Monday, January 02, 2017
The Arab world can’t feed itself, and that’s how the region’s dictators like it.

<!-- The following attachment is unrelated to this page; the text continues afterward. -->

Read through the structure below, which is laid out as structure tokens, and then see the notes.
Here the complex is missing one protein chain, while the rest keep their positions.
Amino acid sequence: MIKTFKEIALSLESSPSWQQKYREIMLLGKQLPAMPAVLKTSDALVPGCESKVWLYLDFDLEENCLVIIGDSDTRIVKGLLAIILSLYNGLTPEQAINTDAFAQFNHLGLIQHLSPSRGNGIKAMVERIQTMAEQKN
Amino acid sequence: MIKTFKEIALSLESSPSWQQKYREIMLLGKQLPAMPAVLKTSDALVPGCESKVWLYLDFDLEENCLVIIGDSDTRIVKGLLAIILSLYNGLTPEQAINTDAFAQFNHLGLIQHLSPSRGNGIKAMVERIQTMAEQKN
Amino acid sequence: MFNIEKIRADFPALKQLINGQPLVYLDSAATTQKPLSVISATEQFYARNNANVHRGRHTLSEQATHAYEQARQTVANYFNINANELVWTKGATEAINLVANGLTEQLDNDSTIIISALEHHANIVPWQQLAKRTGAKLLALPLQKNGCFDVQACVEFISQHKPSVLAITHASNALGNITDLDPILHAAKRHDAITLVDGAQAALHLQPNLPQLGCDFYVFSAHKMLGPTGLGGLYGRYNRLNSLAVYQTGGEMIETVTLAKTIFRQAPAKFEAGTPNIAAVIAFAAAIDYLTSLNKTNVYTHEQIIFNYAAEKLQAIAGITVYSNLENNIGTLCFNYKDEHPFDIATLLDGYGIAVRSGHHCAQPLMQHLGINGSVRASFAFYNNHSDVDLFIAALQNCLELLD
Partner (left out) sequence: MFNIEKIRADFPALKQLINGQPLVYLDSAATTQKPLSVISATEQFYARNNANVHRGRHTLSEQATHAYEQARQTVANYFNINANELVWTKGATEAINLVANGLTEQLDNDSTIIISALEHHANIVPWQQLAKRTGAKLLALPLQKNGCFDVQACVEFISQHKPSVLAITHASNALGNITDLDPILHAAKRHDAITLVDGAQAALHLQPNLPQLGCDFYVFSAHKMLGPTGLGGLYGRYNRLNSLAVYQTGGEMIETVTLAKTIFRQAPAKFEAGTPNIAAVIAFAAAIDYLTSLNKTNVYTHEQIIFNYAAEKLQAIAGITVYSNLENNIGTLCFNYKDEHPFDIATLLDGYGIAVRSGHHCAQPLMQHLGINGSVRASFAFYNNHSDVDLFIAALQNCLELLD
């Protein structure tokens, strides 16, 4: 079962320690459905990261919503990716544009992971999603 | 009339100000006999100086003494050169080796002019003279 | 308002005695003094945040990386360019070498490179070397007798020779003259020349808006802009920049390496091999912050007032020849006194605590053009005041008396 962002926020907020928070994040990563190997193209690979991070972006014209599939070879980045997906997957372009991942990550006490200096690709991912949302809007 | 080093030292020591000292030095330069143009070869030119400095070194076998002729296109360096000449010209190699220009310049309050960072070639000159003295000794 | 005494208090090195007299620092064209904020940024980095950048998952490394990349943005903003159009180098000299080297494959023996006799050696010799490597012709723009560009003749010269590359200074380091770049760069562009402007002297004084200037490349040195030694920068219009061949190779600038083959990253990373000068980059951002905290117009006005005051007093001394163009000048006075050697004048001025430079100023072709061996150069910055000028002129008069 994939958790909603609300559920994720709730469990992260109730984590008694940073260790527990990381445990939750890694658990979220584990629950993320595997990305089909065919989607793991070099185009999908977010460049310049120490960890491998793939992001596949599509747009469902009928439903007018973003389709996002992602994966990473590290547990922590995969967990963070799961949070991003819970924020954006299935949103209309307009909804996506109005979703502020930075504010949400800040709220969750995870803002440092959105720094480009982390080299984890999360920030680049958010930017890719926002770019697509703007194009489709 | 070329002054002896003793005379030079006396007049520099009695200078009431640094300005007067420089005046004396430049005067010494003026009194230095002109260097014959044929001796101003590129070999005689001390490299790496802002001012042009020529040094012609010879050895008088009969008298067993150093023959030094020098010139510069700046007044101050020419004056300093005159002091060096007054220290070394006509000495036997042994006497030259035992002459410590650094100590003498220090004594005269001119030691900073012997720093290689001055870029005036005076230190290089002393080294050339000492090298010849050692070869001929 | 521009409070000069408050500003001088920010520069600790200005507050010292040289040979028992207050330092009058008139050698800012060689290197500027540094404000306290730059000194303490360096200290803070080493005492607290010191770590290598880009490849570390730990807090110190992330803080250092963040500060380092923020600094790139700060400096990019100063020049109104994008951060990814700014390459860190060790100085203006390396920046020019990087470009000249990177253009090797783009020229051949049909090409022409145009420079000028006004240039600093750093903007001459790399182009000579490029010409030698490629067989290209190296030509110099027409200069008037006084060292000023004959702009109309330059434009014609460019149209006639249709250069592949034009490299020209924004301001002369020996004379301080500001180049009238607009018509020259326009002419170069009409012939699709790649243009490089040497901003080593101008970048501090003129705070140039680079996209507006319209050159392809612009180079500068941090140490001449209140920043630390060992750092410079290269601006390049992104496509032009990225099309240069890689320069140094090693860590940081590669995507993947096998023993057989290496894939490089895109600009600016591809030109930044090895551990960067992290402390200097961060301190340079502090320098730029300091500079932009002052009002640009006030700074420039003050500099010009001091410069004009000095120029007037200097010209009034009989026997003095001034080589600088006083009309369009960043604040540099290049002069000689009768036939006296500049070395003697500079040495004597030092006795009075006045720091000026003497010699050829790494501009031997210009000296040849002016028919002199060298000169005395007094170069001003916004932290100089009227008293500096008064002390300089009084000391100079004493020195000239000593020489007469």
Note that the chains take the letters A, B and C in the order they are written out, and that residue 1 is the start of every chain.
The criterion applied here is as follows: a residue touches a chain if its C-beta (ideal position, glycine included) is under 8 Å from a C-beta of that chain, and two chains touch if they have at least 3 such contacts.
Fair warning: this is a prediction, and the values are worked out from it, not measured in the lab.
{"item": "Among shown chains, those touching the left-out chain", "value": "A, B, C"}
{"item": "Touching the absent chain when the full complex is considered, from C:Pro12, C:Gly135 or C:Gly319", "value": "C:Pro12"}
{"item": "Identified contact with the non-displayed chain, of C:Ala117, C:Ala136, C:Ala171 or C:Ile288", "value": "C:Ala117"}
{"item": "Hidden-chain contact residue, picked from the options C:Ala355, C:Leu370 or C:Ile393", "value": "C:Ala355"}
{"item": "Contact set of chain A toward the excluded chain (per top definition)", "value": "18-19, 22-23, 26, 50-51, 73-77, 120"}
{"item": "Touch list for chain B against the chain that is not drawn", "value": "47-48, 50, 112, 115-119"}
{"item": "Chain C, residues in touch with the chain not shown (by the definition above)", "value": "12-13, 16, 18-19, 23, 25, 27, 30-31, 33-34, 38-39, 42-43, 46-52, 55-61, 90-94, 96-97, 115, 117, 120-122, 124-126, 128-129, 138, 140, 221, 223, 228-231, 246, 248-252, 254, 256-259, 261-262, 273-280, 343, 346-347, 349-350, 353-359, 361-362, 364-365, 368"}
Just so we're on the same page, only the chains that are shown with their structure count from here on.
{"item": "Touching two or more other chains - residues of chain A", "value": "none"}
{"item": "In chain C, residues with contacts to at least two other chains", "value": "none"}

Early in the Tahrir Square revolution, a group of retired Egyptian generals sat poolside at Cairo’s Gezira Club and worried about whether the country’s ruling elite could survive a popular uprising. It was February 2011, a week before President Hosni Mubarak was toppled. Millions of freshly politicized Egyptians had already taken to the streets. And yet, some of these career security men were unfazed. “The only thing we really need to worry about is a revolution of the hungry,” said one, a retired Air Force general. “That would be the end of us.” .... ... read more